Decorative Art Sales Accounted for a Whopping $825 Million at Auction Last Month. What’s Driving the Boom?

By now, you’ve probably heard enough about how the marquee fine-art sales last month stacked up to pre-pandemic totals. But you may not be aware that there’s an even faster growing segment of the auction market: decorative art and design. 

Decorative art sales generated a total of $825 million at auction last month, up roughly 26 percent from the equivalent total in May 2019. (For comparison, fine-art sales shrunk 1.8 percent over the same two-year period.)

Sotheby’s May design sales in New York and Paris both eclipsed their high estimates, and now Christie’s is doubling down, launching a joint pop-up in the Hamptons with tony design dealer Carpenters Workshop Gallery. And just yesterday, a Phillips design sale in London generated $16.2 million, the highest total for a design auction in company history. 

Maybe there really was something to all that talk about wealthy people paying more attention to their homes after being stuck inside for over a year… . Read on for more about what exactly is driving the trend. 

© Artnet Price Database and Artnet Analytics 2021.

© Midnight Publishing Group Price Database and Midnight Publishing Group Analytics 2021.

So what’s going on in the decorative arts market?

First, let’s clarify what we mean by “decorative arts.” The category is an umbrella term for a number of related but distinct markets, including fine jewelry, watches, design, ceramics, handbags, books and manuscripts, and even snuff boxes. 

Snuff boxes! OK, got it. Why should I care about what’s going on in this umbrella market?

The decorative art auction market is historically much smaller than the fine art auction market. In 2019—the last year things were remotely normal (remember that?)—the former was worth $4.9 billion, according to the Midnight Publishing Group Price Database. By comparison, the fine art market generated $13.2 billion that same year. So here’s why you should care: the decorative art market is ballooning at a rapid pace

How fast are we talking? 

To put things into context, the decorative art market had been stalling for years. The $4.9 billion total in 2019 was up slightly from the year before, but still behind the highs reached in 2014 and 2015. Things started to turn around as the world emerged from lockdown, however—and now, the sector is on track for a banner year.

In the first five months of 2021, decorative art auction sales generated a combined $1.8 billion, 27 percent more than in the equivalent period in 2019. In May 2020, the biggest month of the year to date for decorative art sales, the average price of a lot in the sector sold jumped 49 percent from May 2019.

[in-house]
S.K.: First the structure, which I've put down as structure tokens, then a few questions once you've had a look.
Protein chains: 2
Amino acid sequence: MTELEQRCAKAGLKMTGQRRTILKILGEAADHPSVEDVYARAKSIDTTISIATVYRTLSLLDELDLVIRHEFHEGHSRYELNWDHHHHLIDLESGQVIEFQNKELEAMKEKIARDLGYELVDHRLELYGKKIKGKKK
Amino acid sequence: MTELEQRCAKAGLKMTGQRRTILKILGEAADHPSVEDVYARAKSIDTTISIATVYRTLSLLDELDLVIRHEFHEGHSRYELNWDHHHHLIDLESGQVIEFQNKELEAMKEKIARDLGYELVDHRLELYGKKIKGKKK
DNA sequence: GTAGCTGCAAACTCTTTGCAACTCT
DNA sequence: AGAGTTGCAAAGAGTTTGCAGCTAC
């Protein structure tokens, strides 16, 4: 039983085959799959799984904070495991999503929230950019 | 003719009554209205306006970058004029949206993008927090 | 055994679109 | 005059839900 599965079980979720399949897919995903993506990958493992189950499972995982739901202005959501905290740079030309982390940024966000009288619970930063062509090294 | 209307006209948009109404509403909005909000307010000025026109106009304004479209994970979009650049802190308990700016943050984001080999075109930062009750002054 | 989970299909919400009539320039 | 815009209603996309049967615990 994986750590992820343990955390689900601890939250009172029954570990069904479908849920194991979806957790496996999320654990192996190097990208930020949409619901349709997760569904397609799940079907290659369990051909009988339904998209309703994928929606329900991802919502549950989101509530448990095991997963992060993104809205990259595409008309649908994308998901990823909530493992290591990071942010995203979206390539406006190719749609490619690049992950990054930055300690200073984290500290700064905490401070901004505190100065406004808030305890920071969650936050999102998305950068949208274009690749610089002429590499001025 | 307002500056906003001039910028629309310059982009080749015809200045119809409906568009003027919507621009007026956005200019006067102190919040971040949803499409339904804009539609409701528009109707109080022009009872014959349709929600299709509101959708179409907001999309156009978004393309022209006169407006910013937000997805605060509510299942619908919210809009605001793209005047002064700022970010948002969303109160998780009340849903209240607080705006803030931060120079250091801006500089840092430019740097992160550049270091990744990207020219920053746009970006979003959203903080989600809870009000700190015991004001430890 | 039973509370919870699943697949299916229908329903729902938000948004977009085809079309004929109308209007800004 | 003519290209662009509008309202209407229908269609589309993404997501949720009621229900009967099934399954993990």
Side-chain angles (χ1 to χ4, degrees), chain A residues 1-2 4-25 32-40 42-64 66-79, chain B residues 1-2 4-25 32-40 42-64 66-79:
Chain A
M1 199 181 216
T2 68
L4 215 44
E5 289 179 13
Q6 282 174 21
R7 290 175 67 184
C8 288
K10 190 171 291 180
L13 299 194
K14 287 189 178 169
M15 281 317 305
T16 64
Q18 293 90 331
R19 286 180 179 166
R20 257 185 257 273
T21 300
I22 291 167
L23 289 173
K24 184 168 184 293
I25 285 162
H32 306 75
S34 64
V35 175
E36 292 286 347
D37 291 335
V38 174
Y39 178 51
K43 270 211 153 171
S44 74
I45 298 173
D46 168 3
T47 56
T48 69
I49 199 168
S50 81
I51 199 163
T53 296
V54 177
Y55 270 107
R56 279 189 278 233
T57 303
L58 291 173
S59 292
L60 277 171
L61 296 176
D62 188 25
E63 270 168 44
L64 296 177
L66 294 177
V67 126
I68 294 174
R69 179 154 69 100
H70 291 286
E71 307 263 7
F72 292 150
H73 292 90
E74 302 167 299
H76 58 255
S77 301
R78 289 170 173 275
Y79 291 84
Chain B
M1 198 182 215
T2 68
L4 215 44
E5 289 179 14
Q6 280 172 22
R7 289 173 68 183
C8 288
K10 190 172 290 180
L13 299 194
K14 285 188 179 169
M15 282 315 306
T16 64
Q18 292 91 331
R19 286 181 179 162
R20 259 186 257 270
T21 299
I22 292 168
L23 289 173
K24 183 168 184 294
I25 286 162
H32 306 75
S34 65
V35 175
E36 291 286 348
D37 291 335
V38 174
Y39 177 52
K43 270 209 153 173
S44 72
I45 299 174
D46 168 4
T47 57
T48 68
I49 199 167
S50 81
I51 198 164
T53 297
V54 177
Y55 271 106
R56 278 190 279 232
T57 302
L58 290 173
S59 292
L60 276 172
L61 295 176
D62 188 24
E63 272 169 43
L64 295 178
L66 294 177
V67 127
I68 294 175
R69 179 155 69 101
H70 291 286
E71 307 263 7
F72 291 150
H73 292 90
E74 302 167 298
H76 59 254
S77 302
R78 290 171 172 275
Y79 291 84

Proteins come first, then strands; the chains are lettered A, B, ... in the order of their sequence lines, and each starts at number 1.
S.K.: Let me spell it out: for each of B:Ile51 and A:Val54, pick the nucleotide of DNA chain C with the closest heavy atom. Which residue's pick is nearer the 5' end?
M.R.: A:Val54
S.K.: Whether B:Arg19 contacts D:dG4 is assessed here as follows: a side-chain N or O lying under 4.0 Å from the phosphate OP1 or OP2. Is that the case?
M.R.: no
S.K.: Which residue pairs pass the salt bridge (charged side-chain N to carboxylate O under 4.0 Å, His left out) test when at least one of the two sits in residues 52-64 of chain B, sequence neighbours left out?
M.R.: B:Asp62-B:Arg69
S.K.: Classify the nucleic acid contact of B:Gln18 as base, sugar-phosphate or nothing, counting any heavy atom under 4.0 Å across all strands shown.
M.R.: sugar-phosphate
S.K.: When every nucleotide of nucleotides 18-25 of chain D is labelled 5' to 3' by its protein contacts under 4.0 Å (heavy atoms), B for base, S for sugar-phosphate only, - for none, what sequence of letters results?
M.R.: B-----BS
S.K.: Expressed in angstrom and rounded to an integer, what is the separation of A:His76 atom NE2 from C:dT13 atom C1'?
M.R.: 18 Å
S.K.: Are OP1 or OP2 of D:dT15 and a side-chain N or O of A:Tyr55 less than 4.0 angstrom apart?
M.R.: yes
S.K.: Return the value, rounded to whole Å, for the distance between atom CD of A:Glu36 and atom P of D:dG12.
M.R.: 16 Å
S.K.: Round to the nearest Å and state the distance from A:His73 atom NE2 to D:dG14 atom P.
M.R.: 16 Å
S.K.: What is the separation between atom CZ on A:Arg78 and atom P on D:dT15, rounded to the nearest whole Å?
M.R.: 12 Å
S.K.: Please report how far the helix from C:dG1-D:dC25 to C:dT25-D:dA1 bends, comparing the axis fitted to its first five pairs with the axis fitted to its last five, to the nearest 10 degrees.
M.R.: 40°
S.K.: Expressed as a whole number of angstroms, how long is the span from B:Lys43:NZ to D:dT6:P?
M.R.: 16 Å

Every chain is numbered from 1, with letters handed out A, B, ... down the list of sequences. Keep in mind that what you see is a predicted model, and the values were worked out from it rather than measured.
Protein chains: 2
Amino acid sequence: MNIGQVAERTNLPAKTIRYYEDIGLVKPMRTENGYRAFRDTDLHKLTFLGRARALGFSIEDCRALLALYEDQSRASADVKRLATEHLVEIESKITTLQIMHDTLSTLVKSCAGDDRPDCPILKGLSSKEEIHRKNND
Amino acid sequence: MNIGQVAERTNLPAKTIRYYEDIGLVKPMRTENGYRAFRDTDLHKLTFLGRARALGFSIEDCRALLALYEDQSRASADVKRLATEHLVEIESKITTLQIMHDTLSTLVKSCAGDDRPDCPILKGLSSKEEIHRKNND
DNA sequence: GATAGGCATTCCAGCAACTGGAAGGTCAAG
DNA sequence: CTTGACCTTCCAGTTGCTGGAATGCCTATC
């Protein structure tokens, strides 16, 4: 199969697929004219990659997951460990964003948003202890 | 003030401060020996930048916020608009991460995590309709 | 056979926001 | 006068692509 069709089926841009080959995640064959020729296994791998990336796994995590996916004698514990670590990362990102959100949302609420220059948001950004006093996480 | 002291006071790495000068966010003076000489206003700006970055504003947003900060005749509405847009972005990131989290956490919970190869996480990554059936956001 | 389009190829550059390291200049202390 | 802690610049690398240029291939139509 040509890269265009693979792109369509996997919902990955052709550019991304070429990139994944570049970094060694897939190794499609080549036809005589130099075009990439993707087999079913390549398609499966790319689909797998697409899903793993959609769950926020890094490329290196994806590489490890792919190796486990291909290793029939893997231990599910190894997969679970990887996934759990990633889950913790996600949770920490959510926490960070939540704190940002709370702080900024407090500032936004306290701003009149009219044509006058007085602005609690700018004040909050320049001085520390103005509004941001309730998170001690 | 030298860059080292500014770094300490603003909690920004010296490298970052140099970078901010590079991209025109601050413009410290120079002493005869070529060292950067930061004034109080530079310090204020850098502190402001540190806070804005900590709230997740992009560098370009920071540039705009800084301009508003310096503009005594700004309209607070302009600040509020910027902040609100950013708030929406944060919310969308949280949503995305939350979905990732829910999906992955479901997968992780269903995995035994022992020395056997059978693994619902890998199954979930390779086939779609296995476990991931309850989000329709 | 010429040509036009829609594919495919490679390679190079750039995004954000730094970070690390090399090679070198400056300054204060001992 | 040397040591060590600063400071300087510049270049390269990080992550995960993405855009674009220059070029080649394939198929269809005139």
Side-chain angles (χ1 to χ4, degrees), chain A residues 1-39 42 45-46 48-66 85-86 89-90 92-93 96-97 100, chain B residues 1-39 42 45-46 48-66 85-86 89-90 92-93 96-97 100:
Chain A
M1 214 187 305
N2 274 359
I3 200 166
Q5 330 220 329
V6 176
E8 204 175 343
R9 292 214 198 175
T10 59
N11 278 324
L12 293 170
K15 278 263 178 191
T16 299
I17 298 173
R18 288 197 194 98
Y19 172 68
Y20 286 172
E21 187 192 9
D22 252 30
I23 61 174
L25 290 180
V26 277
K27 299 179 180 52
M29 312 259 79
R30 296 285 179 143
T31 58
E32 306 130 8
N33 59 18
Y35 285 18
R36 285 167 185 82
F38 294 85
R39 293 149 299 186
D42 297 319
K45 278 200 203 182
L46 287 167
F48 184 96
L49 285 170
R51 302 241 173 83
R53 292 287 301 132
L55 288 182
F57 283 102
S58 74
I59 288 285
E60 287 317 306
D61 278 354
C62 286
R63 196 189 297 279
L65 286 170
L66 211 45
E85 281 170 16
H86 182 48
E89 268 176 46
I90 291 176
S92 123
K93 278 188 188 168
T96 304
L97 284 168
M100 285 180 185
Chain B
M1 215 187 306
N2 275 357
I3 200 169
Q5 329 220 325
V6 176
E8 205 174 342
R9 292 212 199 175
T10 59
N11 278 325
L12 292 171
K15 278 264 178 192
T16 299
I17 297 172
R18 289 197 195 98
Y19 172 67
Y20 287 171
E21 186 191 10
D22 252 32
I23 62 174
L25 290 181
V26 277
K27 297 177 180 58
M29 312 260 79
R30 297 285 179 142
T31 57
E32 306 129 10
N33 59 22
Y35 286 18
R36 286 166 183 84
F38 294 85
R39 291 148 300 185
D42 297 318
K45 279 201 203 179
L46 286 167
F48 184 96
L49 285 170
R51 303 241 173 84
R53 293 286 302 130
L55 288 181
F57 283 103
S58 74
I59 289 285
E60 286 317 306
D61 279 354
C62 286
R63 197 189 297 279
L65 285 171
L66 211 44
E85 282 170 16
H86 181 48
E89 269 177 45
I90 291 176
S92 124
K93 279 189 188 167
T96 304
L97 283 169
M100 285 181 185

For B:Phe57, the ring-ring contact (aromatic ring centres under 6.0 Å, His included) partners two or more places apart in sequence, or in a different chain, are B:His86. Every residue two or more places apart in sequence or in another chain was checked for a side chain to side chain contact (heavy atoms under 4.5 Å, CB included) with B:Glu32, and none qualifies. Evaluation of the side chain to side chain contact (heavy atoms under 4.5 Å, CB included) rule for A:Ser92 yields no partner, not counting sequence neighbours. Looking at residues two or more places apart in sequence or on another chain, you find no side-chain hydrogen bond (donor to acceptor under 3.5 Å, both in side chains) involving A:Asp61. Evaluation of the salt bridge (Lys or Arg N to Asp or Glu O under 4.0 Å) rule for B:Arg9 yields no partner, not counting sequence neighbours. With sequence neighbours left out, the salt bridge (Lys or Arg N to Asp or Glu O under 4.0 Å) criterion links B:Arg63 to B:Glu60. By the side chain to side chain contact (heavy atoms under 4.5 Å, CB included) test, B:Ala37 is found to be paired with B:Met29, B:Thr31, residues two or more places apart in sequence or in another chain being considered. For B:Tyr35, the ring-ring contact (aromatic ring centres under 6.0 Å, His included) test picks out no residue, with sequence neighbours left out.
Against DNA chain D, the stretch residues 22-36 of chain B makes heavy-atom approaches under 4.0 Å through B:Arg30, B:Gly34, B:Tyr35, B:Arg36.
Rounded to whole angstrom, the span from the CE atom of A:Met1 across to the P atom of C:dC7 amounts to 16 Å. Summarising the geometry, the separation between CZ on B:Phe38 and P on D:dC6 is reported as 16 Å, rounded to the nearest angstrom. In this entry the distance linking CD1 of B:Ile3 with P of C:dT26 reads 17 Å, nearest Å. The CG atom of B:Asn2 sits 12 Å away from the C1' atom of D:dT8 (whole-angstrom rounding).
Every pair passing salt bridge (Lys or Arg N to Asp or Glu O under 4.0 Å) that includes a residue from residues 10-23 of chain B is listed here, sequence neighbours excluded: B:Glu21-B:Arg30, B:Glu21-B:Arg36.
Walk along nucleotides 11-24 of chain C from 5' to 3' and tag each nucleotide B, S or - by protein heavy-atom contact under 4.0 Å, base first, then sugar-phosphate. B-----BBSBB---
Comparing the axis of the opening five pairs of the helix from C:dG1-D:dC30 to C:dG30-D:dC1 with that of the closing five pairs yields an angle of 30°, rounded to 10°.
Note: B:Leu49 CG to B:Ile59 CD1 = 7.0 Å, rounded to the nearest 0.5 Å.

Wow! What’s driving this growth?

Sales in every price bracket have risen so far this year compared to the equivalent period in 2019, but—like in the art market—growth is particularly concentrated at the top.

Sales of objects priced at over $10 million grew a gargantuan 122 percent in the first five months of this year, largely due to major sales of jewelry. In May, a pink diamond ring known as the Sakura diamond sold at Sotheby’s Hong Kong for $28.7 million

So there are more rich people willing to shell out for diamonds? 

In a way, yes, it is that simple. The pandemic has further concentrated wealth at the very top, with ever-wealthier people who would otherwise have spent money on luxurious vacations funneling that extra cash into jewelry and design objects. (Demand for diamonds more broadly has also swelled: Signet Jewelers Ltd., for example, reported a 7.8 percent jump in holiday sales in North America, per Bloomberg.)

Is this some kind of honeymoon period with decorative art?

It’s too soon to say. The trajectory is continuing upward, though spending habits may change as more and more people return to their regular rhythms. Diamonds are forever, but diamond auction-sale bonanzas may not be.

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Can the Pandemic Home-Improvement Boom Boost the Market? An Auction Veteran’s New Company Targets Interior Designers

Seasoned art collectors talk about “wallpower,” the quality of paintings that do more than just look good, but that impress, tell a story, and get dinner guests gossiping. Still, plenty of people—even people who buy expensive homes and hire professional interior decorators—have never given a thought to the subject.

Enter Liz Beaman Delman. An American art expert who has spent two decades in the auction house world, split between Christie’s and Sotheby’s, Beaman Delman hopes to fill in the gap with her new advisory business, Above the Sofa.

“I had always fantasized about doing something in the interior design world or adjacent,” she explained in a recent interview with Midnight Publishing Group News. “When I started to investigate what transitioning to that different world would be, it just didn’t make sense at that stage in my career to be a design assistant at a big firm. I asked myself how I can combine all of my expertise but still somehow have a hand in this other area that has really fascinated me. That was the genesis of the idea.”

On more than one occasion, Beaman Delman said, she has observed designers who are so focused on the interiors themselves that the art on the walls becomes something of an afterthought.